PERFORMANCE REVIEW SEASON: AND THE AWARD GOES TO…
Aside from the fact that most of us don’t wear tuxedos and ball gowns to our reviews, we’re just like Leonardo DiCaprio and Taylor Swift. All of us face performance evaluations. Some performances are reviewed for Oscars and Grammys, and other performances are reviewed for bonuses and job security. The following arbitration awards are particularly insightful this time of year. I give them two thumbs up.
Best Cases in the Category
As we all know, one’s performance often depends upon the direction involved. A union relied on this argument in challenging a poor performance evaluation that resulted in the non-renewal of an employee’s contract. Arbitrator Floyd D. Weatherspoon held in Knox County Career Center Bd. of Ed., 132 LA 486, that the employer did not violate the collective-bargaining agreement in evaluating the grievant, despite assertions that it did not provide a plan for improvement and failed to afford the grievant time to improve.
Weatherspoon found that the employer provided Ann Johnson, an Early Childhood Education Instructor, both a plan and time to implement same for purposes of showing improved performance. The grievant received two evaluations during the year, as required by the contract. The first identified several categories as “Needs Attention,” and expressed departmental expectations. The second took place three months later.
Weatherspoon determined that the grievant was given adequate notice of areas requiring improvement, and was provided sufficient time to make necessary changes between the two evaluations. As the grievant failed to successfully take direction from the employer, that encore review proved to be a flop. Accordingly, the employer acted with just cause in refusing to grant the grievant a callback.
The evaluation of one’s performance might encompass more than the responsibilities of the role. It might also consider one’s attitude on the job. Such was the case in City of McAlester, 124 LA 449, where Arbitrator Charles J. Crider held that the employer did not violate the collective-bargaining agreement when it gave a police officer a negative review based on his habitual complaining at work.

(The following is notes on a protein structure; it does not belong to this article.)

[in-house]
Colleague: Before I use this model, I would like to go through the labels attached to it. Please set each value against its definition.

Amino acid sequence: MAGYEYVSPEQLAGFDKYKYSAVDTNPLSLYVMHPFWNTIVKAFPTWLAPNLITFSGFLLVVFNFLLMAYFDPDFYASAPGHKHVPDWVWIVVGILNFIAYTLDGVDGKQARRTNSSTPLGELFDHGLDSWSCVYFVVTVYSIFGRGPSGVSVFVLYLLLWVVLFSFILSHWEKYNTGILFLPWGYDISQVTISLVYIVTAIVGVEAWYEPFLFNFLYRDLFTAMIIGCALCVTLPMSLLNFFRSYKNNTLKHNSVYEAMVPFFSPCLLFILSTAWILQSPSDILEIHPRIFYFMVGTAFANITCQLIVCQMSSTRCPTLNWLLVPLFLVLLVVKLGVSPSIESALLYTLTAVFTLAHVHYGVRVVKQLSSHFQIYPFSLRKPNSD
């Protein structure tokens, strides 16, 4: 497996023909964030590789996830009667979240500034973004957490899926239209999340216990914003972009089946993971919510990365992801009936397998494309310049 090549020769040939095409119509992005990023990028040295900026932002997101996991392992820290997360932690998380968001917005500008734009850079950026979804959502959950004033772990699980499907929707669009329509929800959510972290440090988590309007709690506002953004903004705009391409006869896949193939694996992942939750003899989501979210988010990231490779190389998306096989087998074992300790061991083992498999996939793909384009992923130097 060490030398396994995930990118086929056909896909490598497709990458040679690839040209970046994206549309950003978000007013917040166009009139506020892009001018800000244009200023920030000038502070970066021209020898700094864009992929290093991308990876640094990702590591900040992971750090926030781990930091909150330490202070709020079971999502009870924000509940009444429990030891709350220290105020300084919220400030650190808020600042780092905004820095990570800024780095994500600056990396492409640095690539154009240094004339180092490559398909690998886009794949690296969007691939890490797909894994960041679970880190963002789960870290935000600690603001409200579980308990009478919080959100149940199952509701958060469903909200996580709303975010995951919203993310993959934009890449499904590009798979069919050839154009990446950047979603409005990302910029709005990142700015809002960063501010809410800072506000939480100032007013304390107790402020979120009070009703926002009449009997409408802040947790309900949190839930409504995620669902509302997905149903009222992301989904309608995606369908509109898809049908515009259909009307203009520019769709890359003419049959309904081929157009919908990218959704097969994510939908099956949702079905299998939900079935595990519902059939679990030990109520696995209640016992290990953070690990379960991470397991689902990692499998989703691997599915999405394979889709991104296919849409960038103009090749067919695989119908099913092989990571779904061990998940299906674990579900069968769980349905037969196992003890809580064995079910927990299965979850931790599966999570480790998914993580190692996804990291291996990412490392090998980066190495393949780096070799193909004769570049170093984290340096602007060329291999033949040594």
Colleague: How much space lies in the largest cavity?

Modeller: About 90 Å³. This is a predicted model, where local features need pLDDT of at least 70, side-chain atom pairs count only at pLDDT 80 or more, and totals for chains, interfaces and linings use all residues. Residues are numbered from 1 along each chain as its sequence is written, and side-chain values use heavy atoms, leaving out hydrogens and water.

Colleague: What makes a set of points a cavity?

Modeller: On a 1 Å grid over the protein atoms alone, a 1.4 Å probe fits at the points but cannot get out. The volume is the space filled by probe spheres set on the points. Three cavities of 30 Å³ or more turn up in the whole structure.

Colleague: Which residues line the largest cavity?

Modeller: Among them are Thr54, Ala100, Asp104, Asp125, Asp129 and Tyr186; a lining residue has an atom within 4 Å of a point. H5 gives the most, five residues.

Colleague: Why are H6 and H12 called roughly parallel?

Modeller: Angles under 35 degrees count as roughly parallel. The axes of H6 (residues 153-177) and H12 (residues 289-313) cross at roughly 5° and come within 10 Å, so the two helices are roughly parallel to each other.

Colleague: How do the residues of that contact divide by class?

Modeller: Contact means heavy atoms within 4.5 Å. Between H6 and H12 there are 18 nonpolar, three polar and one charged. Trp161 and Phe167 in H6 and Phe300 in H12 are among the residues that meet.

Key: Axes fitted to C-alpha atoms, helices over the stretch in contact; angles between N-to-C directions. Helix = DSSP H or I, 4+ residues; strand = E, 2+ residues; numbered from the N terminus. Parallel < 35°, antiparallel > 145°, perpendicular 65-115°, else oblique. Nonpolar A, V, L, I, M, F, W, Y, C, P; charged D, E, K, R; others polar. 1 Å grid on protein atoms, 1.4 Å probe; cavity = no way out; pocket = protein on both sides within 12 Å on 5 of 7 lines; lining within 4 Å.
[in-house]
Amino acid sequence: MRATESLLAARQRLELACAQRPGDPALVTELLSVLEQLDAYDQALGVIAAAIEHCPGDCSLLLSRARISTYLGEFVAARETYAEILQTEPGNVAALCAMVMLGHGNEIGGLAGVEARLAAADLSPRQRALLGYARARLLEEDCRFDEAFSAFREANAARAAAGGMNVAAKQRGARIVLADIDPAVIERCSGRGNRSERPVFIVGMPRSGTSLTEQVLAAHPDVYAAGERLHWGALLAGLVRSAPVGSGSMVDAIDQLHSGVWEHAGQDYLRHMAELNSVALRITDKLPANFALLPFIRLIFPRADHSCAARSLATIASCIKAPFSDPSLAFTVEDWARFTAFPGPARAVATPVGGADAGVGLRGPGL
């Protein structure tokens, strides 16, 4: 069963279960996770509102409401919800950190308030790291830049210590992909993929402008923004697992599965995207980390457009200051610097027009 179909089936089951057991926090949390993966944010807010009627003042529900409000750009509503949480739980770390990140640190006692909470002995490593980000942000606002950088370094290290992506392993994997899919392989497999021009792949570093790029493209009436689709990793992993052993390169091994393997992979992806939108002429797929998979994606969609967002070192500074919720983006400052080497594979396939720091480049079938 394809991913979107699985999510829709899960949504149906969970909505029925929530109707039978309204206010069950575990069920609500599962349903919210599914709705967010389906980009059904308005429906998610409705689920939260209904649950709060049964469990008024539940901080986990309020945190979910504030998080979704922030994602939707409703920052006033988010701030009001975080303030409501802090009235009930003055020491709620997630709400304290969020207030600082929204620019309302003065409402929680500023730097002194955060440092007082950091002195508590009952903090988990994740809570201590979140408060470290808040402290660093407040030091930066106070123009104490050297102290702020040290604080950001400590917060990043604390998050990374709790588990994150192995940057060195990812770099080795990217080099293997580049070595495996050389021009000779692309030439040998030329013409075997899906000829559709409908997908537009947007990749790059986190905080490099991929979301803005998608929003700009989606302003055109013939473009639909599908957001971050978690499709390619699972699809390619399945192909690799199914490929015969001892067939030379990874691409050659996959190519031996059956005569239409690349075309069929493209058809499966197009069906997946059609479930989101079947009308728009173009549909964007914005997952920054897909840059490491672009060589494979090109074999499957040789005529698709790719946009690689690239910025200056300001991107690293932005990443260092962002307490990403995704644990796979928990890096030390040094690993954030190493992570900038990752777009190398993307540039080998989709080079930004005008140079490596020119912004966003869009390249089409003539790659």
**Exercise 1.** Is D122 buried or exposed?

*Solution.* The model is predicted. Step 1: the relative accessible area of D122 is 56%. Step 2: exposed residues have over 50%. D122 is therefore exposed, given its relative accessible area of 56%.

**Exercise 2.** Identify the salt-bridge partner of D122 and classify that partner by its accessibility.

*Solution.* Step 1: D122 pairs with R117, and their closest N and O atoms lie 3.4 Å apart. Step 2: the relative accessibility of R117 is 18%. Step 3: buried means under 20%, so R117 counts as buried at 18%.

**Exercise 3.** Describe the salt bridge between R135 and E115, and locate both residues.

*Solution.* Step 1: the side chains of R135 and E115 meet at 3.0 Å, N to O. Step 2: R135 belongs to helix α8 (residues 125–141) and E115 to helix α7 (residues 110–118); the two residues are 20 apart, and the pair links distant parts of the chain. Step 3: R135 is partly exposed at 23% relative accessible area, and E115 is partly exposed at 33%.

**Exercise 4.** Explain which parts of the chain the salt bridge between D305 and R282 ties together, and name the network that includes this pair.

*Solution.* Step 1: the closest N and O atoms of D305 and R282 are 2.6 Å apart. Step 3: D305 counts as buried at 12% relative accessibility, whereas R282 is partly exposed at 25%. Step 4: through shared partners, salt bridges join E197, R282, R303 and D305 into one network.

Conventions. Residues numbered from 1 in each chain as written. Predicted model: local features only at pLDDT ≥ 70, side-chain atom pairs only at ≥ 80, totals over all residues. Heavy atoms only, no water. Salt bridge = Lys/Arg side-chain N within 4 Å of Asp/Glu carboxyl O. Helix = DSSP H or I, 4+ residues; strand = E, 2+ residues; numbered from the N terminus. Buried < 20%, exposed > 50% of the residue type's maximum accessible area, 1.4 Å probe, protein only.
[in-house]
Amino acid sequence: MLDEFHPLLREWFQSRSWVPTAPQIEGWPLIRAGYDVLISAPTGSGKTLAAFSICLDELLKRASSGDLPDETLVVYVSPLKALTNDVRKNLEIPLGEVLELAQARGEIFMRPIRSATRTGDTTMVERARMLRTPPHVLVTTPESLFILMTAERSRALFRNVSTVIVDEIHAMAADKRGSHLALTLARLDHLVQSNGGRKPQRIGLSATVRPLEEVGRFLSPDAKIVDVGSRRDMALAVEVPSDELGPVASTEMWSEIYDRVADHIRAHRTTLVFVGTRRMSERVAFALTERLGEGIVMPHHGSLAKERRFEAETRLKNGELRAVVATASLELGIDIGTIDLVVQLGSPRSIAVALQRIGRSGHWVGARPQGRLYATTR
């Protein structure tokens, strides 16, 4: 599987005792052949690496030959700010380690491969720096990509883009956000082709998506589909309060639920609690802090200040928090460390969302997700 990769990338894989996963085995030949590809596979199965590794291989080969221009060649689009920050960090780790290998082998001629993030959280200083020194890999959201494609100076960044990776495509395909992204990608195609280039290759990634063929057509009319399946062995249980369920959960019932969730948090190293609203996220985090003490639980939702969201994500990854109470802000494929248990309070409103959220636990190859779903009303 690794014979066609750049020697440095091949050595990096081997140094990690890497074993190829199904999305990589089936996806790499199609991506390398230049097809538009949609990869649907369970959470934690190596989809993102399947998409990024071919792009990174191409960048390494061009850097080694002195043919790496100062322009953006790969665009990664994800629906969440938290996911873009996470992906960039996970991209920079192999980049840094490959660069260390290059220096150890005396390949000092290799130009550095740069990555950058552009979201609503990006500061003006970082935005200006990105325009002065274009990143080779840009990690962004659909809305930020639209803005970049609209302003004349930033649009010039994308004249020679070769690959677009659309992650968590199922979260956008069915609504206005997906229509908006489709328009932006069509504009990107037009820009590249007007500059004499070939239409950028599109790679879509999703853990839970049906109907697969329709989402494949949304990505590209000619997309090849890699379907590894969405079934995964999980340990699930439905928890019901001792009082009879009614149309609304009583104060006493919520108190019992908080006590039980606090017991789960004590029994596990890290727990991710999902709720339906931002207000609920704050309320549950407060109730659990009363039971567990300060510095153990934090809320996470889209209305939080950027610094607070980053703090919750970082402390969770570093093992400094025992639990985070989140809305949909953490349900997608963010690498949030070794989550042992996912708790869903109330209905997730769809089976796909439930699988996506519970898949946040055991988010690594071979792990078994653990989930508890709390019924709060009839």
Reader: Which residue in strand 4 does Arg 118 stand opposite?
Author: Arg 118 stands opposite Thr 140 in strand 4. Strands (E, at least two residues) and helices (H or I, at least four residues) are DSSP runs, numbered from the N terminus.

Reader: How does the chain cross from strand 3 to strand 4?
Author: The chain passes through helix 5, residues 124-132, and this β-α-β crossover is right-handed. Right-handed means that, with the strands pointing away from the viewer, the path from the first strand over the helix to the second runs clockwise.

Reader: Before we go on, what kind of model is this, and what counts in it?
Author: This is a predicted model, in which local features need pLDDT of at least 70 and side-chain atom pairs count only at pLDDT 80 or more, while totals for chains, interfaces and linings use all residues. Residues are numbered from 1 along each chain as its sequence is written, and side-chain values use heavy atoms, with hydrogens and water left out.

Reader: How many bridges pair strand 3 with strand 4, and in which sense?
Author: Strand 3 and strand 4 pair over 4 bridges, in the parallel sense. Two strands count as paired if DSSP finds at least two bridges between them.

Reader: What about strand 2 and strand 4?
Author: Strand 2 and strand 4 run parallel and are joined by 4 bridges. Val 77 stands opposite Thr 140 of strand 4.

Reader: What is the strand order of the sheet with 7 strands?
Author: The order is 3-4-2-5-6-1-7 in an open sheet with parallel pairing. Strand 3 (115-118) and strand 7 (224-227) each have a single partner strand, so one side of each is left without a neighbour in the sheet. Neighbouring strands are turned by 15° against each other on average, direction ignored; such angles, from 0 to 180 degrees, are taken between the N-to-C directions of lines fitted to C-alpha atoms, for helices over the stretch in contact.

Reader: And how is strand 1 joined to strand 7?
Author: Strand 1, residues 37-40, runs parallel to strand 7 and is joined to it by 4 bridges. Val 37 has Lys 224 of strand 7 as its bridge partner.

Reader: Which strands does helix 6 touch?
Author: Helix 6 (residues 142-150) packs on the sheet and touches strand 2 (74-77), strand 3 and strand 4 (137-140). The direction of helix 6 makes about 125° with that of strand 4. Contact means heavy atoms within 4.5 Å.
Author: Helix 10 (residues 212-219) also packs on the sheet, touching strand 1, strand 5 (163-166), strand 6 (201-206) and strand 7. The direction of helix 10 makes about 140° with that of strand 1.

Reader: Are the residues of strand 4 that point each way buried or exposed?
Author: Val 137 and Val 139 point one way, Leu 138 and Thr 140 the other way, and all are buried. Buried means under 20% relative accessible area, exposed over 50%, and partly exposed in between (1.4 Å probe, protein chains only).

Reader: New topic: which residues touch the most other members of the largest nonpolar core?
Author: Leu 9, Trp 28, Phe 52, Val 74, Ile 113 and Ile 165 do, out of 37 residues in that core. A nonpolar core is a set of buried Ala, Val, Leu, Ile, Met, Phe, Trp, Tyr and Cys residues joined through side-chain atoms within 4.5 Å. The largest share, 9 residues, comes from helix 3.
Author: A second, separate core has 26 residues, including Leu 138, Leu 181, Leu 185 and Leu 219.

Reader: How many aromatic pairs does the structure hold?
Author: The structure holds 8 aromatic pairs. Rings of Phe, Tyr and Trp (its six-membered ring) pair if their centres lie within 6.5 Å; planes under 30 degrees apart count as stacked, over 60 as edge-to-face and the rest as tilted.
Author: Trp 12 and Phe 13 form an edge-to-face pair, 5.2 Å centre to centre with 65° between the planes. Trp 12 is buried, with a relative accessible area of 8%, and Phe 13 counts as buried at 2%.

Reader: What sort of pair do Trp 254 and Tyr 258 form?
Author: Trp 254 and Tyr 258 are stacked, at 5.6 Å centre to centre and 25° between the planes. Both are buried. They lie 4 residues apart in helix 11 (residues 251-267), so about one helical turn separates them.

B__, a 12-year police force veteran with a history of good performance reviews and no disciplinary past, received low marks on an evaluation covering the most recent two years of his employment. B__ challenged the negative review, which was used to deny him a merit increase.
Crider acknowledged that the employer’s withholding of the merit increase was primarily attributed to B__’s recalcitrance. “[T]he grievant’s griping,” Crider noted, wasn’t merely limited to a single matter. B__ “apparently found fault with supervision at every turn.” Additionally, behind the scenes, B__ was perceived as a “habitual naysayer” at the police station.
Crider concluded that the employer was “well within its right” in denying the merit increase as grievant’s habitual complaining constituted “behavior that can erode camaraderie.” Because the employer had “a legitimate business interest in seeking to achieve a close-knit, cooperative unit,” Crider continued, “this negative evaluation under these circumstances was justified.”
At the arbitration hearing, B__ admitted that he “dreaded” coming to work and “probably showed it,” but asserted that since being reassigned and assuming his new role, with his new supporting actors in the canine unit, he experienced a change in attitude. Arbitrator Crider commented on the noticeable improvement in B__’s performance, attributing it to effective practices in performance evaluations.
Who Will Take Home the Award?
A review of data provided by Bloomberg BNA's Arbitration Award Navigator shows that of the 231 arbitration awards involving performance evaluations, employers prevailed in 49.4% of cases, unions prevailed in 33.3% of cases, 16% of cases involved mixed prevailing parties, and individuals prevailed in 1.3% of cases.
The chance of a party winning or losing in arbitration on a performance review-related matter is somewhat of a cliffhanger. To fast-forward through the drama and skip this whole episode, stick to the script of the collective-bargaining agreement—whether you’re an employer acting as performance critic, or an employee being evaluated for your performance.
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